Paul, one of our Community Peer Workers, has written a guest blog post about his experience of living with and being cured of, hepatitis C.
My experience with hep C started in the years when everything was still done the “old way”. Ultimately, I survived hep C because of the new direct-acting antivirals, but it was a long time coming and I had become very sick before I got the chance to be cured.
I wasn’t aware of the profound impact hep C would have on my life
In the late 1980s, although I was still using at the time, I was dining with a group of recovering injecting drug users. Someone told me that I would “eventually die from hep C”. I hadn’t even been diagnosed at that stage, so this was news to me!
Then, going to rehab in 1994, I was indeed diagnosed with hep C. I had probably contracted it in the late 1970s, when the virus was all but unheard of.
I had no idea just how profound an effect hep C would have on my life. Initially, for many years, I lived normally. But the liver is a fundamental organ – it performs hundreds of functions; it determines our energy and our spirit – and hepatitis C attacks the liver. Over the following decades, I ticked every box of things that could go wrong with my liver.
My energy started to fade. I had ascites. Due to hepatic hypertension and massive blood loss, I went into a coma. And the tests! I will always remember the day I had my liver biopsy.
Hep C lead me to a dark and lonely place
My cognitive ability was leaving me, and I was no longer able to work. All of this put a huge tension on my relationship, which eventually ended. I hadn’t wanted my partner to watch me die.
As my liver became sicker, I was placed on the list for a transplant. Even so, I began to have suicidal ideation, believing that I was going to die anyway. That was a terribly dark and lonely place to be in. I was fearful that if I told my medical team about these thoughts, they would take me off the transplant list.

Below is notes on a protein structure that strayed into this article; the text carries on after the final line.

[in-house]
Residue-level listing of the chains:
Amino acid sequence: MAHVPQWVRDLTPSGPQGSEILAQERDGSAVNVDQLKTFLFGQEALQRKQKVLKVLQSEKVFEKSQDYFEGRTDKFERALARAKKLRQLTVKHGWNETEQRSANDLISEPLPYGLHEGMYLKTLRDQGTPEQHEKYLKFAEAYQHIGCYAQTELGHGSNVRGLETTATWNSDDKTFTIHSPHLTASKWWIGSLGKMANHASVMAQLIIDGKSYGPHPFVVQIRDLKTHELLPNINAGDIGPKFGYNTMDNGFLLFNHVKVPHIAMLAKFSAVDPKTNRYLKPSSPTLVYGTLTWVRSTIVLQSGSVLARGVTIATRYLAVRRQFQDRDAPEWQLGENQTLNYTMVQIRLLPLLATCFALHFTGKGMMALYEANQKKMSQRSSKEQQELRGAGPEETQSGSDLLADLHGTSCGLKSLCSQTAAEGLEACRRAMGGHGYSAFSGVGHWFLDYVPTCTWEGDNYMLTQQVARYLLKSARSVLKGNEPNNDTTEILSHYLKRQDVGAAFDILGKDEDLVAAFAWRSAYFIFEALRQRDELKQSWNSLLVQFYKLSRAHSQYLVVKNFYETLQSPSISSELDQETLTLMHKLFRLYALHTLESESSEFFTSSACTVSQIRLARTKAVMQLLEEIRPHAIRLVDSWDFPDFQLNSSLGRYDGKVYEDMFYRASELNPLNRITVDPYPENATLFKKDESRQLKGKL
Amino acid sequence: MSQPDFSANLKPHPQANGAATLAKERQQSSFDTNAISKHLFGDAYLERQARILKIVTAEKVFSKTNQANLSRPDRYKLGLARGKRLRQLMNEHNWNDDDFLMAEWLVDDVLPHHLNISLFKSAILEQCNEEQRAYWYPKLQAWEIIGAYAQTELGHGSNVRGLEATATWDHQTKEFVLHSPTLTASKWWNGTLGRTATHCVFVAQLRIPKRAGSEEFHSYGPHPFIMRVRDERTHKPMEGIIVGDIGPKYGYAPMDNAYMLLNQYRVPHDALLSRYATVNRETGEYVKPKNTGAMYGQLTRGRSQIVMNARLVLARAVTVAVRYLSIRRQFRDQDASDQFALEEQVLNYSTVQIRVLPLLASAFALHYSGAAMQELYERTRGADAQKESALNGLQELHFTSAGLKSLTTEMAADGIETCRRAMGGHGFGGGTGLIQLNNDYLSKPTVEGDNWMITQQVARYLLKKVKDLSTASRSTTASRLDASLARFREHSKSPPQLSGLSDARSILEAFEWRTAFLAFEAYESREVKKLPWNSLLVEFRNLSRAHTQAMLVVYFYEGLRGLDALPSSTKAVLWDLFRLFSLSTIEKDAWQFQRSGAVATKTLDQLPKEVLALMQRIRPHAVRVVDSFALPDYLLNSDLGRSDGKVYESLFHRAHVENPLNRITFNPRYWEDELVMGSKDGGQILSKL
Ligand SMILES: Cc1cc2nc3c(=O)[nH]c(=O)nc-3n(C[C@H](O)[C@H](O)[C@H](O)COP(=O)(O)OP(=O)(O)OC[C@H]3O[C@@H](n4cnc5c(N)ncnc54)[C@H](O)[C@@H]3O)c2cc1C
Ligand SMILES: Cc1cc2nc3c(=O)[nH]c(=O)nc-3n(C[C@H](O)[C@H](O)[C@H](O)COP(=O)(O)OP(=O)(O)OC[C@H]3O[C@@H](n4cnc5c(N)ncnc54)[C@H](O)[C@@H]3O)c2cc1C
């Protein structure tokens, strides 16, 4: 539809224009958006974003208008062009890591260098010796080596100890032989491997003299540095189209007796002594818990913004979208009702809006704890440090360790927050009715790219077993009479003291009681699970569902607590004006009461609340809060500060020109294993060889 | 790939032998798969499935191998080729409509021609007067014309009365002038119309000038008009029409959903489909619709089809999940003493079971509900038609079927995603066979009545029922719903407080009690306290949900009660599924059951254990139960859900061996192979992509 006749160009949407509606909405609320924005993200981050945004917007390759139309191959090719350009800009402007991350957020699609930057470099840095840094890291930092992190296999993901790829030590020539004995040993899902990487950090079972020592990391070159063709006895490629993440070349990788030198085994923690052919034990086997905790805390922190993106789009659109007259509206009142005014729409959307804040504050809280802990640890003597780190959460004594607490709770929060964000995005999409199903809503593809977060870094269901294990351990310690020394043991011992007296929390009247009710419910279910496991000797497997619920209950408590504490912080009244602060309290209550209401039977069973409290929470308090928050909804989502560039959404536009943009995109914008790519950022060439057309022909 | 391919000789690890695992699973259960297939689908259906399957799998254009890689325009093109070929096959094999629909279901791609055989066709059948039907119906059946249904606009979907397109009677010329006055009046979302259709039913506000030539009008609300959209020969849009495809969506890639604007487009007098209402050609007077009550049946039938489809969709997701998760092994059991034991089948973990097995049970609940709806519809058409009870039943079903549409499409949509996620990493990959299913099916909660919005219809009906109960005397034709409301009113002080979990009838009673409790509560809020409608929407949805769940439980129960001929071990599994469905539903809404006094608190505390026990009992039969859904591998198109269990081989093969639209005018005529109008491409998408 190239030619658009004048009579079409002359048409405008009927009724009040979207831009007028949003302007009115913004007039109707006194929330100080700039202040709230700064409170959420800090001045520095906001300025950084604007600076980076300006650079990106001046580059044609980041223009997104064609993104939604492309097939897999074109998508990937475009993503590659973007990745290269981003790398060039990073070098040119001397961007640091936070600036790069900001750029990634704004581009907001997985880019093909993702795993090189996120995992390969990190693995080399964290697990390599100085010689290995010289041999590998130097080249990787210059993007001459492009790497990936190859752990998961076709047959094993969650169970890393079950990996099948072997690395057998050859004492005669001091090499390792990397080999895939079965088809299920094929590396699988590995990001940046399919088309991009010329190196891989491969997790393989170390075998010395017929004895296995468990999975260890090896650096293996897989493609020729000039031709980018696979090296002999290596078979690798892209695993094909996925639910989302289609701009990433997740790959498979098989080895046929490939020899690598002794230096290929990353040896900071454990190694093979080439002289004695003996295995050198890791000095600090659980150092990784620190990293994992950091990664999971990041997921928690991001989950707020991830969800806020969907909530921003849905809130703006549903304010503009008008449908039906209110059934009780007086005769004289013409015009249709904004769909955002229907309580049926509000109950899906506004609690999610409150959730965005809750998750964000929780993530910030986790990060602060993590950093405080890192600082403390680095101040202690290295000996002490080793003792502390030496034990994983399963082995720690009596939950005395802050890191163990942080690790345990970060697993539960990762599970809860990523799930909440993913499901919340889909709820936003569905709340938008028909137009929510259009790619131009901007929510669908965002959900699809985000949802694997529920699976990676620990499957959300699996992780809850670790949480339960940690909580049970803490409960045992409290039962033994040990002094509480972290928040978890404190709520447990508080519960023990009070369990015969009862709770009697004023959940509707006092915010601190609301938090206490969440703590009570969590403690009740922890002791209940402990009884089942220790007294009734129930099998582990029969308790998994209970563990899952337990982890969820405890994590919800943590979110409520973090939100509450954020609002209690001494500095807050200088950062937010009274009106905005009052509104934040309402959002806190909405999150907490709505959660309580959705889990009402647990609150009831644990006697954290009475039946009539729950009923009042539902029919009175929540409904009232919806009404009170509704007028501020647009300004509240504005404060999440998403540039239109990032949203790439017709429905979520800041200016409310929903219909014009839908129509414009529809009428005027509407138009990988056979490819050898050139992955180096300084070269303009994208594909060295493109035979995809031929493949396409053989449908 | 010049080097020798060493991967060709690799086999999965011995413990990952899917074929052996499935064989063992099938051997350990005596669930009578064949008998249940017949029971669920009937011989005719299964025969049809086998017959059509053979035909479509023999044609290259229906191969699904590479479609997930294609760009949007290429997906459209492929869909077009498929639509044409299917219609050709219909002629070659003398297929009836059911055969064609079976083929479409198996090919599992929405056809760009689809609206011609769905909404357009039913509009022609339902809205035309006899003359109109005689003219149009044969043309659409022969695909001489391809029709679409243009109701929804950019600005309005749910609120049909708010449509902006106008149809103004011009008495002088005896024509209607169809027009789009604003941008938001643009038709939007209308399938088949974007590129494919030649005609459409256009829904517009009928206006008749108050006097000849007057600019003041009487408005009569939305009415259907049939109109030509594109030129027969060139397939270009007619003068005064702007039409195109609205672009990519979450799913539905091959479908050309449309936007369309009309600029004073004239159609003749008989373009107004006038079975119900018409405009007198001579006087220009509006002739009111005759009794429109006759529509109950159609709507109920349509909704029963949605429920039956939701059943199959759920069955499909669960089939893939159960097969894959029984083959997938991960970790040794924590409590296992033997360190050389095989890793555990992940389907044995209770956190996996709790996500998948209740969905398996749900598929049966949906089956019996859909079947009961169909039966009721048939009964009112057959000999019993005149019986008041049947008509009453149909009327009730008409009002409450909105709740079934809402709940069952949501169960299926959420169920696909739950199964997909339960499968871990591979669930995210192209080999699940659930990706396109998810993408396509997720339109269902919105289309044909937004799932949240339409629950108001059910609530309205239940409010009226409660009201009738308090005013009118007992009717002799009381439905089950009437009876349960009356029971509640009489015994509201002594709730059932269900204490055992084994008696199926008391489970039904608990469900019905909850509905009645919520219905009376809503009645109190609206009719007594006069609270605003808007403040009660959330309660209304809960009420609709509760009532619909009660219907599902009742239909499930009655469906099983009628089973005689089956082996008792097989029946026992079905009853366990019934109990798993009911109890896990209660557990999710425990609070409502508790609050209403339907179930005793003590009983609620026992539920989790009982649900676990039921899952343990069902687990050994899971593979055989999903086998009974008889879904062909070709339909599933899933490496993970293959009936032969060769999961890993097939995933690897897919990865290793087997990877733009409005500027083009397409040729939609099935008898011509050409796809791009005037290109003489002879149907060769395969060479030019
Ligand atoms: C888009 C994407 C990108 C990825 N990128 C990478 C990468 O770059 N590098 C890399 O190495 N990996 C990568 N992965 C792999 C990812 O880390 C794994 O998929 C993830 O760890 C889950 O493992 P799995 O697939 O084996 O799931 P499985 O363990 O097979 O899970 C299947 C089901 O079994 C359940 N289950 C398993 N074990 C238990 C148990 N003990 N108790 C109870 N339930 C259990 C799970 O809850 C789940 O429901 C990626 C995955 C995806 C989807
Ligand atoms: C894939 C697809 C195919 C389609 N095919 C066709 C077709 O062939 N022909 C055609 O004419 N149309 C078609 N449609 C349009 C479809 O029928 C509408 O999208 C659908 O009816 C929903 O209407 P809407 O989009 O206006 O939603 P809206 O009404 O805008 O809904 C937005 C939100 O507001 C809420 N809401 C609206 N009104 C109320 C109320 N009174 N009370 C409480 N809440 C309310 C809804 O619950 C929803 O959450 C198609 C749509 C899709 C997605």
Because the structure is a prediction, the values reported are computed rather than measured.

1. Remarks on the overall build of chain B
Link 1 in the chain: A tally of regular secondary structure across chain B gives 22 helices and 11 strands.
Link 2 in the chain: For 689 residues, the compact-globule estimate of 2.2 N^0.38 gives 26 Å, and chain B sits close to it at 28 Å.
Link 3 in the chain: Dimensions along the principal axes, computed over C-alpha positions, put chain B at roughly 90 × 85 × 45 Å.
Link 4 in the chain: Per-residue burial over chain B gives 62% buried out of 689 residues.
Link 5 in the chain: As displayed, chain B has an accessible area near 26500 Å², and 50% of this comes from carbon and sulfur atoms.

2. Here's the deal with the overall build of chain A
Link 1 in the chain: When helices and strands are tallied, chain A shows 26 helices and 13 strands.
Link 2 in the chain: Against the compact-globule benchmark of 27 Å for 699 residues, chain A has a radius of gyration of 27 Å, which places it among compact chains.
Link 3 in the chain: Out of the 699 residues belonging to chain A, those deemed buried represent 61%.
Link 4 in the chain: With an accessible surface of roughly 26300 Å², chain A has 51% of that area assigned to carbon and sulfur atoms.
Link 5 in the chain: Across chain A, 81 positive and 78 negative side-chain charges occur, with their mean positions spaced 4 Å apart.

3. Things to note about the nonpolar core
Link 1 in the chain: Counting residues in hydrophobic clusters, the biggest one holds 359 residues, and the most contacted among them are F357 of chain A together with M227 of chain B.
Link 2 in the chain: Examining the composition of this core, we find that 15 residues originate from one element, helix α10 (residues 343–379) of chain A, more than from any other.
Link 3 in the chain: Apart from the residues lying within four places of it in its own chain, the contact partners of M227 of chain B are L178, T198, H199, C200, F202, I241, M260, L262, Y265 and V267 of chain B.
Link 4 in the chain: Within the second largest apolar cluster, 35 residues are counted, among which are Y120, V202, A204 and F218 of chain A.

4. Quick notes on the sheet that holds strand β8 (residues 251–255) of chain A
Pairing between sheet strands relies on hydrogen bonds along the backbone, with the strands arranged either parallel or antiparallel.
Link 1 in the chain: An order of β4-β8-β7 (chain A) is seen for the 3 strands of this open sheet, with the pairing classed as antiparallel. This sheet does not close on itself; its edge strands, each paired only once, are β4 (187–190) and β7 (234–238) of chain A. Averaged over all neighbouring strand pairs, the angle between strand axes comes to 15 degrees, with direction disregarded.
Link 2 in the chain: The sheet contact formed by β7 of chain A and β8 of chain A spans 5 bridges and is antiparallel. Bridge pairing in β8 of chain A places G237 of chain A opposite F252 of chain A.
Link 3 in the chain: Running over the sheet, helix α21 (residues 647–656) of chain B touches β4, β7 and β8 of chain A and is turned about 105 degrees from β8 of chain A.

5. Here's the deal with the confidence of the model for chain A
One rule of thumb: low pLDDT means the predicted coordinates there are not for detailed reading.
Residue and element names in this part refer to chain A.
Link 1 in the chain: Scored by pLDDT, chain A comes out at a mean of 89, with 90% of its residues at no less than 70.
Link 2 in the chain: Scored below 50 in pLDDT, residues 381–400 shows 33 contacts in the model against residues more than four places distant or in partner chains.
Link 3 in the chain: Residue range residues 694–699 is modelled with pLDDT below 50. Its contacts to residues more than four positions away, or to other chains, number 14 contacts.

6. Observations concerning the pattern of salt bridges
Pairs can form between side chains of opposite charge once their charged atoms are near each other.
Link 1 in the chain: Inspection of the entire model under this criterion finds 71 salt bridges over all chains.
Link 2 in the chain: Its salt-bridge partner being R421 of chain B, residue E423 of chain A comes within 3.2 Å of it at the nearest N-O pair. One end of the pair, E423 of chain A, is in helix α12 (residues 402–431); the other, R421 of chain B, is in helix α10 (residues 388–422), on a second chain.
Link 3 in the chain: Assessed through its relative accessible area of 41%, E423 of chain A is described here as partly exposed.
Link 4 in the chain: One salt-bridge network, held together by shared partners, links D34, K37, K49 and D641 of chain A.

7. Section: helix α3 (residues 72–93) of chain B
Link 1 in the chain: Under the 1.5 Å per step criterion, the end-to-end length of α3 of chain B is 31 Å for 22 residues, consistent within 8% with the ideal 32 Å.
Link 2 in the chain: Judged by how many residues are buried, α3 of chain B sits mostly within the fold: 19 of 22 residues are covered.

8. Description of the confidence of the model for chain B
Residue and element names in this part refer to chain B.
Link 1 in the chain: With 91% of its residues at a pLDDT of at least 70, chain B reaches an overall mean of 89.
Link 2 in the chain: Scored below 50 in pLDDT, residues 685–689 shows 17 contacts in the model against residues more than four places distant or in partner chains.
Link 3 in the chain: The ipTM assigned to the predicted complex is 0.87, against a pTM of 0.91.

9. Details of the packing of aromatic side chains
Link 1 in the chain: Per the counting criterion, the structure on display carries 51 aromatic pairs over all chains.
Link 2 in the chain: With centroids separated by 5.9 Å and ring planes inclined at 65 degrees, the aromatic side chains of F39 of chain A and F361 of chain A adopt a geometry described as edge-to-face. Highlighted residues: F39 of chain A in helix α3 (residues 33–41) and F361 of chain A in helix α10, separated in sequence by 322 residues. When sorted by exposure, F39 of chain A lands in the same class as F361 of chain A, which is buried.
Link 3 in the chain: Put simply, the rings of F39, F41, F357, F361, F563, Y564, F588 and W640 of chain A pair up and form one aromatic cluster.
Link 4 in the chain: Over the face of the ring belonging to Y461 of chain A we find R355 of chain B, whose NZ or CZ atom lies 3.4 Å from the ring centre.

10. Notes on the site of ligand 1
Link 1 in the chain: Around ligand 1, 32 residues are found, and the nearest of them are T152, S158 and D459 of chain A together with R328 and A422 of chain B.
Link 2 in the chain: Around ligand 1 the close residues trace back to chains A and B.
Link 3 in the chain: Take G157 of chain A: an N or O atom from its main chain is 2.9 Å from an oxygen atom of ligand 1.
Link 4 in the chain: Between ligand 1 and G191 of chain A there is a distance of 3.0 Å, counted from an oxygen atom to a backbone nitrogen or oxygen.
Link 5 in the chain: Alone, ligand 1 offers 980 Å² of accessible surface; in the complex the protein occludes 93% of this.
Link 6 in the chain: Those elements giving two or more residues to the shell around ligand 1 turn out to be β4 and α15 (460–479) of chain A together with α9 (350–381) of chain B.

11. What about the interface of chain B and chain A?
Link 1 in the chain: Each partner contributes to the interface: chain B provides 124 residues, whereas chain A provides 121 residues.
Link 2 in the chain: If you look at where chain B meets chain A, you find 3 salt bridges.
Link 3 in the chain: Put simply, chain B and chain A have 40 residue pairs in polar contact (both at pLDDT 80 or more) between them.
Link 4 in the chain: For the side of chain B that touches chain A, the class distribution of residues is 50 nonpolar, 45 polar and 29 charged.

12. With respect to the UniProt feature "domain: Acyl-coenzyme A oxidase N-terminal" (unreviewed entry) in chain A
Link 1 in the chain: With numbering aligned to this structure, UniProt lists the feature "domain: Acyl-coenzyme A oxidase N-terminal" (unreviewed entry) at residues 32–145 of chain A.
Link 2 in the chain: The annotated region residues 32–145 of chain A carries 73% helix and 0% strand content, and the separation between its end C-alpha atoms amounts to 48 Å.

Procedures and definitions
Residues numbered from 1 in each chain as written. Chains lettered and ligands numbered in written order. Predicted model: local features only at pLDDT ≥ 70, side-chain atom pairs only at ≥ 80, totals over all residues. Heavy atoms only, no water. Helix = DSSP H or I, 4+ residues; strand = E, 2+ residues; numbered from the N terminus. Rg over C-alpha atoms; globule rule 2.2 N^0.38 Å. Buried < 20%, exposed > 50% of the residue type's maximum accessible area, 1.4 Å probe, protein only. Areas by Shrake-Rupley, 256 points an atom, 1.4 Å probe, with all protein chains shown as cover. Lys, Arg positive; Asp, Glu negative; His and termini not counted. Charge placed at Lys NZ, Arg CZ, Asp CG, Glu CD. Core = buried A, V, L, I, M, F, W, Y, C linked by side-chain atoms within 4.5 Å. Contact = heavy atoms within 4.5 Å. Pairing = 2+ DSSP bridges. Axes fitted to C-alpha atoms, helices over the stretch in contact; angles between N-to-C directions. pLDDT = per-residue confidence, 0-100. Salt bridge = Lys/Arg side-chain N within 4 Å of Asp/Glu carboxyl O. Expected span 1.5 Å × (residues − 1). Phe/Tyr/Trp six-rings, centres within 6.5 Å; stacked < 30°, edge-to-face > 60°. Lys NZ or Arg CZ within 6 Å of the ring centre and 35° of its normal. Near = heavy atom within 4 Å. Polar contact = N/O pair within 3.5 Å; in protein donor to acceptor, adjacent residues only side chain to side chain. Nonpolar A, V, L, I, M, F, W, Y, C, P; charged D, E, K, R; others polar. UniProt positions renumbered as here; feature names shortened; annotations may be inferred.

One of the evaluations in the lead up to my transplant was for mental health, and I was told I should have a “positive attitude”. Thankfully, I decided to talk about what was going on for me. I was referred to a hospital psychologist who specialised in the experiences of folk waiting for a transplant.
As it turned out, my dire thoughts were not unique!
At one stage, the medical team offered me interferon treatment. Had I still been using drugs I doubt that I would have been given treatment, and I knew folk who had been refused for that reason.
Unfortunately, during interferon treatment, my blood platelets plummeted to a critical low level and I was taken off it. Although this was discouraging, the new anti-viral cocktails were on the horizon and my team recommended me for the trial. The word on them was much more positive than interferon – a high success rate with few side effects, how good is that? Incredibly, the drug company refused, saying that I was too big of a risk. That was a huge blow.
The new treatments turned my life and health around and I am now well
Eventually, the new treatments became available in Australia through the PBS on March 1, 2016. I was put on the treatment and – so much for being “a risk” – I was cured of the virus a month before my scheduled transplant. A huge blessing.
Despite being cured of hep C, by this time my liver had gone to stage 4 cirrhosis and I was growing small cancers. While I was now at the top of the list for transplant, the journey to transplant required me to be healthy enough to survive what is dramatic surgery. Being cured of hep C helped me with this.
Although it was a massive challenge, I made it through my liver transplant, and I turned my life and health around. My energy was better after clearing hep C. It might have been an awful experience but, three years later, I am now well.
Throughout all of this, I have been totally open about my condition, prepared to take on any stigma and believing that others might benefit from my openness.
To anyone who may have shared needles, or maybe had a blood transfusion before the virus was identified, I say – go get tested. If you need to be treated and cured it’s an easy process these days, no painful biopsy involved!
|Learn more about hep C by getting in contact with our Hepatitis Infoline on 1800 803 990,
or download one of our free online resources.
Published 13 July, 2020